The Gran Chaco of northwestern Argentina, western Paraguay and southeastern Bolivia is an ecologically diverse semiarid lowland area of savannahs, wetlands, and dry and riverine forests subject to seasonal flooding. It is equally culturally diverse, comprised of peoples speaking languages from a number of families, Guaicuruan being the most extensive, and adapted to nomadic or semi-nomadic hunting, gathering, fishing and seasonal horticulture depending on locale. Groups are organized into lineage-based bands that might coalesce seasonally into villages, with prestige hierarchies and leadership mediating broad networks of group interactions, including episodic territorial conflicts that could lead to larger alliances headed by war chiefs and some dominant groups subjugating others. The introduction of the horse brought fundamental changes, including highly stratified warrior societies that exacted tribute from vassal horticulturalists. Colonial pacification and eventual relocation to Christian missions led to the late twentieth century pattern of subsistence agriculture and foraging, with wage labor on farms and ranches, yet little change to traditional forms of social organization.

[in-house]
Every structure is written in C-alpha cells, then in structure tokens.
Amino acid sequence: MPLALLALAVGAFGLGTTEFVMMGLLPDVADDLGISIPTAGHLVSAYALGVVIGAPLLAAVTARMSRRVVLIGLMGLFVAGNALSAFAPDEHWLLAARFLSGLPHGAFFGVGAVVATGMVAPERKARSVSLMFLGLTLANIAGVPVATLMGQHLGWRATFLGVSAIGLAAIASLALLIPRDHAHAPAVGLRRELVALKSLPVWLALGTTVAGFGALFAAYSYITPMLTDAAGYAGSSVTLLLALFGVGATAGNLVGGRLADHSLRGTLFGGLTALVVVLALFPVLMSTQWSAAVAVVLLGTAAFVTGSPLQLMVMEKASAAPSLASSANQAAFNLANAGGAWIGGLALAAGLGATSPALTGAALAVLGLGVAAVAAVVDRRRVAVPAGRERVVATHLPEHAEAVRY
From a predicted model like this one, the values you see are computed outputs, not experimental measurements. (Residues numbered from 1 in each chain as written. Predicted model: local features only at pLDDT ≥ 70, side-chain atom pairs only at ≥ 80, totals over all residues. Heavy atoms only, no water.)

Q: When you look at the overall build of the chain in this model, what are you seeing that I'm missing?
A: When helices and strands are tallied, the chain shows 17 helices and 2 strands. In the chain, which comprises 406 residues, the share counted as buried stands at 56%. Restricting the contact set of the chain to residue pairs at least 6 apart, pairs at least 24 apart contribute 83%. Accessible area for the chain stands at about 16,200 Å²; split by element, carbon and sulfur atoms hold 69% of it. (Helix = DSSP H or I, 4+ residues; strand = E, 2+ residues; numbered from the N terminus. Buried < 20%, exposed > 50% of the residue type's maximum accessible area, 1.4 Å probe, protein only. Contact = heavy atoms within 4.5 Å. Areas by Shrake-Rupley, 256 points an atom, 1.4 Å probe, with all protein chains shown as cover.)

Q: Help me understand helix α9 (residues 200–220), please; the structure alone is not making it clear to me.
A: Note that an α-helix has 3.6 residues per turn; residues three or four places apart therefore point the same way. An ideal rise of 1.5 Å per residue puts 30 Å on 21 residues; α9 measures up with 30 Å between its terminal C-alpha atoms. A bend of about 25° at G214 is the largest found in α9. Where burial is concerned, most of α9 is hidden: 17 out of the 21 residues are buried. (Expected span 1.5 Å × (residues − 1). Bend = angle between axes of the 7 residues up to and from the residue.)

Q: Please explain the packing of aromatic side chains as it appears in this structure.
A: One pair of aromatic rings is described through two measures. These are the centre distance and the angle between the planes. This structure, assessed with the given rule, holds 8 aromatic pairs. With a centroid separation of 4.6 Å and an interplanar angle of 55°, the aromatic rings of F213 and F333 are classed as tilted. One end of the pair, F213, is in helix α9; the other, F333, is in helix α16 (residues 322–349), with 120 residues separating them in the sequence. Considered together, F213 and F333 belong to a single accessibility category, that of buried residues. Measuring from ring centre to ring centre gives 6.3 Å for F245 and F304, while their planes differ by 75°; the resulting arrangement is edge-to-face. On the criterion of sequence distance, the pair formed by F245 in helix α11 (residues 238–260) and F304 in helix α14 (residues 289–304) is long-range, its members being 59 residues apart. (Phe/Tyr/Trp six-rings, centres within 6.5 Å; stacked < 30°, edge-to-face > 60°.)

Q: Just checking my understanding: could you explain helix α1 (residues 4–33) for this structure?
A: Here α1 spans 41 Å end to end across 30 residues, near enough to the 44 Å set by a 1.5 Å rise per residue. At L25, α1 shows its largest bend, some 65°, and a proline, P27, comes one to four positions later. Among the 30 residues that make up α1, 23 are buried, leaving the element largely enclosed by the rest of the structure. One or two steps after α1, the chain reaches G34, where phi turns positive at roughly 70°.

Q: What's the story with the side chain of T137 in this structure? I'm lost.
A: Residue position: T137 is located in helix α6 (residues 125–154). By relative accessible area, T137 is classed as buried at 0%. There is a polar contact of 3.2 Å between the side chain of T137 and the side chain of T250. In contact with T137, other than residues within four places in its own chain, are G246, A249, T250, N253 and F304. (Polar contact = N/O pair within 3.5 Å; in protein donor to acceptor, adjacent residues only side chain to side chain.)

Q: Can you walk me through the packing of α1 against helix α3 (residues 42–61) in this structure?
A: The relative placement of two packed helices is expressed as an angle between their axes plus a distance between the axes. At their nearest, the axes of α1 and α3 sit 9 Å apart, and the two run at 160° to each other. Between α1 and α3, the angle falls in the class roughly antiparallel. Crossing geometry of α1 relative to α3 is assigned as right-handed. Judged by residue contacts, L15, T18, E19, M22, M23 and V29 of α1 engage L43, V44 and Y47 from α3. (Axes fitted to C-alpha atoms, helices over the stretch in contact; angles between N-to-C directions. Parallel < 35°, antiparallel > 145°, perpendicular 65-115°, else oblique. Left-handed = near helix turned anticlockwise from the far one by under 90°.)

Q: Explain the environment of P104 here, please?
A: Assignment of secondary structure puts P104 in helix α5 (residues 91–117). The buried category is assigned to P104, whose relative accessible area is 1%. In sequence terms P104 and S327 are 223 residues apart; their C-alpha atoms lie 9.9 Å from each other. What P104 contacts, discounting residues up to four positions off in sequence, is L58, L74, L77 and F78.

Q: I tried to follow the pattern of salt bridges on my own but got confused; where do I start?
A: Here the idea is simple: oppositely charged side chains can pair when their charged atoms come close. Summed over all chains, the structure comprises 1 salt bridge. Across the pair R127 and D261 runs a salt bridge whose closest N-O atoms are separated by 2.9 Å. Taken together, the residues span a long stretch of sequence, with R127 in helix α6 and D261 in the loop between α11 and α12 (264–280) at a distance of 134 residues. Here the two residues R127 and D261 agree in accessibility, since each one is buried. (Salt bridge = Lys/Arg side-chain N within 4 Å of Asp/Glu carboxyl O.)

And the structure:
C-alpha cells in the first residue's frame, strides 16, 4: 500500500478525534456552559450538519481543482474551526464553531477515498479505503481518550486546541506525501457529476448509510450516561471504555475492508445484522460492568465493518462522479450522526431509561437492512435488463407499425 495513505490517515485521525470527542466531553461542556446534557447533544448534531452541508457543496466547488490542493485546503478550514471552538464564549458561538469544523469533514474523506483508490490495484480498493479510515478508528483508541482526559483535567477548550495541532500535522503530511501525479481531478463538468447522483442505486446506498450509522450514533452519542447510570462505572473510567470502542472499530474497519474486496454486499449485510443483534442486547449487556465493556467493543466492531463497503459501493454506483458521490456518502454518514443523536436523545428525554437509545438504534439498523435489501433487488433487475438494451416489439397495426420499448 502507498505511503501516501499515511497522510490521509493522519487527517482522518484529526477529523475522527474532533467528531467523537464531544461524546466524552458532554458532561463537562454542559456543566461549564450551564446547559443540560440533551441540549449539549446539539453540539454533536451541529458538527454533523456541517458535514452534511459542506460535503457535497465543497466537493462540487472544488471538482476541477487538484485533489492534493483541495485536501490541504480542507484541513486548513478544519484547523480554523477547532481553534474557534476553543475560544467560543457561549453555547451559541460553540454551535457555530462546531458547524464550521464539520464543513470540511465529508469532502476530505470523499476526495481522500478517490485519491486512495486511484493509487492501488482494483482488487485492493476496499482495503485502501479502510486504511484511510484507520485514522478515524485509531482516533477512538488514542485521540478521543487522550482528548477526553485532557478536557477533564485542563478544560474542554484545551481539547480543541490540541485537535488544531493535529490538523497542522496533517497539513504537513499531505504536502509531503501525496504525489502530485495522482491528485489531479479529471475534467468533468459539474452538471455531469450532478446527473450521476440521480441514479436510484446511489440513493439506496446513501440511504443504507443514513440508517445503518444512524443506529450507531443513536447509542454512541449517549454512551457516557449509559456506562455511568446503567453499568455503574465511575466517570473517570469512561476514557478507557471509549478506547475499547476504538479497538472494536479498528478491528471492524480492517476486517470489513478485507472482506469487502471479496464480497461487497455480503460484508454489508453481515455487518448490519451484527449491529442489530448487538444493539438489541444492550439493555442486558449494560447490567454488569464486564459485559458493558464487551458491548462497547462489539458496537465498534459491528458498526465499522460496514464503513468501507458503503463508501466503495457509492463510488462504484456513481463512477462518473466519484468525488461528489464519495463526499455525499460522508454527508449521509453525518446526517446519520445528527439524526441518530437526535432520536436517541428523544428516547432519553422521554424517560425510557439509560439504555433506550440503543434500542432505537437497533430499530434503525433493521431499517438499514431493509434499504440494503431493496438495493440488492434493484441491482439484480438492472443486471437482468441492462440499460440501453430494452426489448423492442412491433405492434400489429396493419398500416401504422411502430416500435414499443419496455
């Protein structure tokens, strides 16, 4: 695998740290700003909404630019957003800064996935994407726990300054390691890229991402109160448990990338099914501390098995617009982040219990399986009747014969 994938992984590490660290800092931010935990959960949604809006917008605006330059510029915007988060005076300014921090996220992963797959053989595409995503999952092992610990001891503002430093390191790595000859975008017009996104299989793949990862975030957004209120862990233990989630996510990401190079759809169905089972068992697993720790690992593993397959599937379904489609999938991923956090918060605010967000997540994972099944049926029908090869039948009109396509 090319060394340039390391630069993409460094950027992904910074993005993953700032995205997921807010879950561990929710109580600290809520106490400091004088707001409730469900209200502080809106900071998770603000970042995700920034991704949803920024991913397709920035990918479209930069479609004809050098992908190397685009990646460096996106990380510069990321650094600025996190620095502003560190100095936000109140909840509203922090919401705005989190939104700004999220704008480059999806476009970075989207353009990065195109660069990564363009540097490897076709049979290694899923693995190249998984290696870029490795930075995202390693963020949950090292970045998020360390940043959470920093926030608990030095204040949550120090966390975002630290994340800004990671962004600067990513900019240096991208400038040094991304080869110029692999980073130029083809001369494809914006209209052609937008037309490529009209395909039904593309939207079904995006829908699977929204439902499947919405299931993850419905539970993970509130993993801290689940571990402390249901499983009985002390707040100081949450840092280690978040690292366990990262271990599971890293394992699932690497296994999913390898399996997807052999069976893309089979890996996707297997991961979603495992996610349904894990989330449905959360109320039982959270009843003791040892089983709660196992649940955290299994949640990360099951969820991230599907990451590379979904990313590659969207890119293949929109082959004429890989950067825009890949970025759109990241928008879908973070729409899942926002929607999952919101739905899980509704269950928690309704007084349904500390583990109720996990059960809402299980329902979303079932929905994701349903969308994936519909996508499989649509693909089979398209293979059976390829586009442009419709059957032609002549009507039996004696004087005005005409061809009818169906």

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South America --Southern South America
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